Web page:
Virtualization is the hot tech topic right now. However, some enterprise Mac watchers are worried that Apple's policy of keeping Mac OS X tied to Apple hardware is keeping OS X not just in left field but totally out of the game.
Of course, this discussion isn't new to Apple. Depending on the decade, a related set of questions have circled around core business models: Is Apple a hardware company or a software company; should Apple license the Mac OS; can the Mac succeed in the business market?
According to Rizzo, in the past, Mac users were used to sitting back and watching enterprise technology trends pass them by. But then came the hardware platform's move to Intel, which provides an opportunity for greater enterprise adoption. He worries that he couldn't find much of a trace of the Mac or OS X while walking the floor of VMware.
It's not a technical issue. There are hacks all over the Internet to describe how to install Mac OS X in a Parallels Desktop or VMware Fusion VM. (See this how-to, for instance). You can even Google to find pre-patched OS X virtual machines available as bit torrents. But illicit hacks are not the material of enterprise toolboxes.
One startup company, Moka5, has already virtualized Mac OS X to run on non-Apple hardware. (See MacWindows' coverage Beta app virtualizes Mac OS X in Windows; first VM to support DirectX 9). But Moka5 does not mention OS X at its web site. They don't want to get on Apple's bad side. Parallels and VMware have said they could easily enable Desktop and Fusion to run Mac OS X in a virtual machine. Representatives from both companies said they won't virtualize Mac OS X until Apple gives them the go ahead. Which won't be anytime soon.
Rizzo says that Apple's protection of its Mac and Xserve hardware platforms is limiting its chances in the enterprise. Apple insists on customers taking the bundle, when the data center wants to virtualize everything on its own, existing hardware.
Here are a few thoughts on the issue:
Apple is a __fill in the blank__ company. Over the years, analysts and pundits have wanted Apple to choose its course between hardware and software. The company makes great software and great hardware. But it should pick one model and run with that.
In the past, I've championed the hardware side. However, nowadays I see Apple as a solution company.
Apple provides customers with an integrated package of hardware, OS-ware and host-based services, application software, and now more recently Web services. Its value is that it isn't just a hardware company or a software company, especially in a technology market that is so quickly commoditized.
Apple targets various markets with its solutions, including servers and storage systems. While it has some enterprise customers, its focus hasn't been on the data center. We will see what the forthcoming release of Leopard Server and its support for Sun's ZFS (Zetta File System) will do for the Mac in the that market.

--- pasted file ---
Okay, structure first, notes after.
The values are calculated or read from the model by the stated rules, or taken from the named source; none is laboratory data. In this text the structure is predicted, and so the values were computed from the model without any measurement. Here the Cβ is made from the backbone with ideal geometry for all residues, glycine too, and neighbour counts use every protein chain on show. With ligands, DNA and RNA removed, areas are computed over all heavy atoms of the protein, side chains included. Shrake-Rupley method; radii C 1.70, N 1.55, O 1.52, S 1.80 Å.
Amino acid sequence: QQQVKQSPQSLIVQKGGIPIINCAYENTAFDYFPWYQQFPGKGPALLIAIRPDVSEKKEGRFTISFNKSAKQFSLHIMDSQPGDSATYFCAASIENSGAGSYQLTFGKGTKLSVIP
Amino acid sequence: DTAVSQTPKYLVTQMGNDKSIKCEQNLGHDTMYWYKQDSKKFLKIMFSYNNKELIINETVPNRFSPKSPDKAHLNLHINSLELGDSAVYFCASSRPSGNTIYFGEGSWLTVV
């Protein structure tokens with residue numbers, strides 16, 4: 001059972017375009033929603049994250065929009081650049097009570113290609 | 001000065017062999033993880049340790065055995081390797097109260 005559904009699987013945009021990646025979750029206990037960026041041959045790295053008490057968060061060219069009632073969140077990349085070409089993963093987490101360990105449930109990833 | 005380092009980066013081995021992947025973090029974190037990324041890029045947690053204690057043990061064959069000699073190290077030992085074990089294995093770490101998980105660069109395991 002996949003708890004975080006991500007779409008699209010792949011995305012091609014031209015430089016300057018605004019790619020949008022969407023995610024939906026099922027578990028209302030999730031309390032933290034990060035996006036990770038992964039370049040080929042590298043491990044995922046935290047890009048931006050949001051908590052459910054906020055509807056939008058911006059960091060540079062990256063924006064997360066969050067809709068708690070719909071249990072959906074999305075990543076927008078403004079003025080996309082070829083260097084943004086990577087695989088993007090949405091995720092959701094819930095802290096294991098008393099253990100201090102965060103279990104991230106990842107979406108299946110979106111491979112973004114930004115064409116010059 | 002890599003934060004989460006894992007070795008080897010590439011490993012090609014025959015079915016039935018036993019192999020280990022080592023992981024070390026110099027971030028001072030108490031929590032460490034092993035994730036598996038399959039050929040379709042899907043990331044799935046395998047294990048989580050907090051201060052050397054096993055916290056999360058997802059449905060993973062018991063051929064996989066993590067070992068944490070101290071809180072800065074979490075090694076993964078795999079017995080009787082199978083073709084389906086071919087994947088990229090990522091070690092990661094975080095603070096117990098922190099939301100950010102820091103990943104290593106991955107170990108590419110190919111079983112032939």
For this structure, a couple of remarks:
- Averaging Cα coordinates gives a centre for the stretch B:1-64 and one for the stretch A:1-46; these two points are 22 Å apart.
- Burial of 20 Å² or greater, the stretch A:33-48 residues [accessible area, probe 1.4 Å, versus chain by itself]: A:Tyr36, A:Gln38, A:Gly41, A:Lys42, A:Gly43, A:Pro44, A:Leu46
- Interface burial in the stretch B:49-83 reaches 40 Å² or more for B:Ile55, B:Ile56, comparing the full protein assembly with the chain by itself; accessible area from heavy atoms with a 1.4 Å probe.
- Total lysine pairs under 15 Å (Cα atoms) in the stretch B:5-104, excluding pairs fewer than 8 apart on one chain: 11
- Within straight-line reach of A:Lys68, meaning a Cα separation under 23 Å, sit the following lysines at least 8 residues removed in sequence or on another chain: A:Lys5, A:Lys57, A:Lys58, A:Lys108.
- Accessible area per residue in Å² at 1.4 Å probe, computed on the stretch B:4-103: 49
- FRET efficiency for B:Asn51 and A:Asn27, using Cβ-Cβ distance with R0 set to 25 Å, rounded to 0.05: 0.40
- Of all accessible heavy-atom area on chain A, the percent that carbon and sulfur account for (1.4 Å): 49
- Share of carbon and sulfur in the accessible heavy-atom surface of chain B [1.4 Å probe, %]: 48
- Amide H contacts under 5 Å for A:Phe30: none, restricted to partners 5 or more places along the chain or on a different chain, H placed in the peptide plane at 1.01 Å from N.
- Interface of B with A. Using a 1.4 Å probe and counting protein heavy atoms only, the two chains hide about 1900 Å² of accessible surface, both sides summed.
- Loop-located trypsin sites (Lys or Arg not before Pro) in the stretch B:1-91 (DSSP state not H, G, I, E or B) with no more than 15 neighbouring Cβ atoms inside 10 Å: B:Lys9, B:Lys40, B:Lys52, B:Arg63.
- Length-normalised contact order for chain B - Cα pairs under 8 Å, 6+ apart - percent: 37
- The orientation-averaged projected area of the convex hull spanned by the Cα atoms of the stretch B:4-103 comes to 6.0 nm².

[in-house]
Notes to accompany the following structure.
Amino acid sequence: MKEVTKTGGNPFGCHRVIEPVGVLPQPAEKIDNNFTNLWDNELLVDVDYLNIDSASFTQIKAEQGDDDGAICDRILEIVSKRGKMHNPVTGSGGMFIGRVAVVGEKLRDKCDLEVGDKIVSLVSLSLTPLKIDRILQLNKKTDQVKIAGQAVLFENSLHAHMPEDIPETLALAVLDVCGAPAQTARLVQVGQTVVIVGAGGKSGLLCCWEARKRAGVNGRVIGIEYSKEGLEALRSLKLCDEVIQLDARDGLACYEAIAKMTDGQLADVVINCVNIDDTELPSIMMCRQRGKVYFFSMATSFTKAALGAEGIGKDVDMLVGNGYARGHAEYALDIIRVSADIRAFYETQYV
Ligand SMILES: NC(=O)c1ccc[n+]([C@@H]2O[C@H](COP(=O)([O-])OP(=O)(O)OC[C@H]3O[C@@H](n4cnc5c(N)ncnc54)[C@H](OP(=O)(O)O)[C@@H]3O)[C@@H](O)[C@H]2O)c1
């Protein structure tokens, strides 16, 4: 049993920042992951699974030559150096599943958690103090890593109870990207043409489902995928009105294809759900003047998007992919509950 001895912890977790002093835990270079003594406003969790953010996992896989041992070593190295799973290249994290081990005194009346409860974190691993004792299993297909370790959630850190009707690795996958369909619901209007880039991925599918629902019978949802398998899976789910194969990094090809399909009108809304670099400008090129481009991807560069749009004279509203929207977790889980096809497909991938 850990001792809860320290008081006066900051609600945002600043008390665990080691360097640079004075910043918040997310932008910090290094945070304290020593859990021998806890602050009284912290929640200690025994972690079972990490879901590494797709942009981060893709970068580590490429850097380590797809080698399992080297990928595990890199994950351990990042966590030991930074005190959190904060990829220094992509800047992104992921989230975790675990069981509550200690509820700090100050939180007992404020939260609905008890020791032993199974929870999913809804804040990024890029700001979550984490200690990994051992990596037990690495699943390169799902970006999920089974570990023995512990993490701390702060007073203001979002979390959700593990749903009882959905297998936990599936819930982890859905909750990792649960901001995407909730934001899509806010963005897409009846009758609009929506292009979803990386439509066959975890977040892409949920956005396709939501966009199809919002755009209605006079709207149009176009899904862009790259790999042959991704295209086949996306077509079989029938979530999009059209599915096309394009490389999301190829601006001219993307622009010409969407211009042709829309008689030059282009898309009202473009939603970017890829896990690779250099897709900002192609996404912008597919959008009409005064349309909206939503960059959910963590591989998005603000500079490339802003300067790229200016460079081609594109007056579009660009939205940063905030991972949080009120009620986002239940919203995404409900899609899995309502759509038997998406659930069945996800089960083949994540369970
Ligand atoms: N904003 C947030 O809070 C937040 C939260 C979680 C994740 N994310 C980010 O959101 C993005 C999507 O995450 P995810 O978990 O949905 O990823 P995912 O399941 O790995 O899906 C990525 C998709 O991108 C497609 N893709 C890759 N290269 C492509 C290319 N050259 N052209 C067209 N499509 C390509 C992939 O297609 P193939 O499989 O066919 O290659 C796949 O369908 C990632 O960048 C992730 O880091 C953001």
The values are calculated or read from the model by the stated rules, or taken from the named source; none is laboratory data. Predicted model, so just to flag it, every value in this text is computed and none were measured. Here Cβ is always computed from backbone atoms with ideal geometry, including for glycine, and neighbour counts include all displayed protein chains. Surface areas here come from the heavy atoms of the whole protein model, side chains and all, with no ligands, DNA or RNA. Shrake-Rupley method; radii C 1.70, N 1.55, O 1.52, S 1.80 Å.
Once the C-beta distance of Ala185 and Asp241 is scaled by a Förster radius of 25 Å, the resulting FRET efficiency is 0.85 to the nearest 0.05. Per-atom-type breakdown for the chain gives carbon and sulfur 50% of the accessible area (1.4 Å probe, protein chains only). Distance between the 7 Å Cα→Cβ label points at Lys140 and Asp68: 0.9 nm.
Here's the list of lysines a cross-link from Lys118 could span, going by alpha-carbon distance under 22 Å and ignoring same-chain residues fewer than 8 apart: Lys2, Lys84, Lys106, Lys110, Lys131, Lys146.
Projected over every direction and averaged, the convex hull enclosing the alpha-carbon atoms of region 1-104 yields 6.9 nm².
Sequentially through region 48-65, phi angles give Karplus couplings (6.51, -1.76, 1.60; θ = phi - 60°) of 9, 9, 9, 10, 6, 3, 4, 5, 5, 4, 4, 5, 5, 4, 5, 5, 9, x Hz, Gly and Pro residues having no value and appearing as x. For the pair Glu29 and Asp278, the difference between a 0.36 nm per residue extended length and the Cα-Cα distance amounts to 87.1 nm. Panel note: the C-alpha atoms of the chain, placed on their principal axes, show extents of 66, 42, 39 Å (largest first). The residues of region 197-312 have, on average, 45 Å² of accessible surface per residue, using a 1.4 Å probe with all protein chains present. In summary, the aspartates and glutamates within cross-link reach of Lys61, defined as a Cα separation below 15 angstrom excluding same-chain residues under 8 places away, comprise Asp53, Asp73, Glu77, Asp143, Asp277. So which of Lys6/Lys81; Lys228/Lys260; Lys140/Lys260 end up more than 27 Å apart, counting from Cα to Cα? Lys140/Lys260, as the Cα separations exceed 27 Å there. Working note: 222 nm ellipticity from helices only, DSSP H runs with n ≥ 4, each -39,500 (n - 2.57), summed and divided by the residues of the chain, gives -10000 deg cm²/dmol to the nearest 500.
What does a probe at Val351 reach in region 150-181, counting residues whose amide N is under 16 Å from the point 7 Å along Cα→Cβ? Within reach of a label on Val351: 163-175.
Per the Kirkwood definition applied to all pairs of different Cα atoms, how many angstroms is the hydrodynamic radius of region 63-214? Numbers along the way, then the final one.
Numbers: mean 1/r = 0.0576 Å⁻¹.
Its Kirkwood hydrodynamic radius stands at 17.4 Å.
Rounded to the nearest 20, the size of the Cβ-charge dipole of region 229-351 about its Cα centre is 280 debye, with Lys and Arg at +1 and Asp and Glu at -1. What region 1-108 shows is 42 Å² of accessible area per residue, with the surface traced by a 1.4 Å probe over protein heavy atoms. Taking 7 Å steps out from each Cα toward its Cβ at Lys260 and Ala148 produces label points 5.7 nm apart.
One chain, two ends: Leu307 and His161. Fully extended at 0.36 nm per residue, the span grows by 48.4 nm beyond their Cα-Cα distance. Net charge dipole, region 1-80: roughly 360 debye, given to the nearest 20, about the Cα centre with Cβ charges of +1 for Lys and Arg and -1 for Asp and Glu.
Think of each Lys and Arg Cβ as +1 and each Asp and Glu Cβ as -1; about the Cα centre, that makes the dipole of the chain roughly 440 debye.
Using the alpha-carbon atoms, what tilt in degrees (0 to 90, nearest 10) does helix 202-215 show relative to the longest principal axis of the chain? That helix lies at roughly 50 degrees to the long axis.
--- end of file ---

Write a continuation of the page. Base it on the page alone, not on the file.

Apple's mixed licensing history. The camp that waves the flag for Apple as an OS company have said that Apple is crazy not to license the OS for virtual machines. Yet that pitch ignores the fact that Apple has a growing business in hardware. Apple is selling more Macs now per quarter than it ever has in its history.
The question of unbundling the Mac OS its Apple-branded hardware has been with the company since the mid-1980s. Bill Gates himself sent a memo in 1985 to John Sculley suggesting that the two companies work together on spreading the GUI message.
Here's a bit from the memo:
Apple's stated position in personal computers is innovative technology leader. This position implies that Apple must create a standard on new, advanced technology. They must establish a "revolutionary" architecture, which necessarily implies new development incompatible with existing architectures.
Apple must make Macintosh a standard. But no personal computer company, not even IBM, can create a standard without independent support. Even though Apple realized this, they have not been able to gain the independent support required to be perceived as a standard.
Of course, Microsoft said there were lots of companies then wanting the GUI OS and it would help Apple manage the transition. Passing over the chance to become the Windowing standard for desktop computers is often cited as one of Apple's great mistakes. It's a great historical thought exercise.
Still, no doubt, Steve Jobs understands what it means to have a software/OS company that's in competition with Microsoft and Unix platforms — that was NeXT Software Inc.
Remember that the NeXTstep OS came out in 1988 on NeXT's own cubic workstations. In 1993, the company ditched the hardware business, offering a multiplatform Mach-based OS called OpenStep.
Apple spent $400 million to buy NeXT in 1997, which was probably worth less but Apple was desperate. In today's bucks, according to MeasuringWorth.com's calculator, that price would be $502.43M. That's about what Apple make each quarter now on software sales.
According to its recent Q3 statements, Apple's software business made $386M in the quarter (not counting music sales and services) and $2.533 billion for CPU hardware. This is without counting the iPod.
Based on the numbers, my guess is that Steve Jobs prefers being the head of an integrated hardware and software company.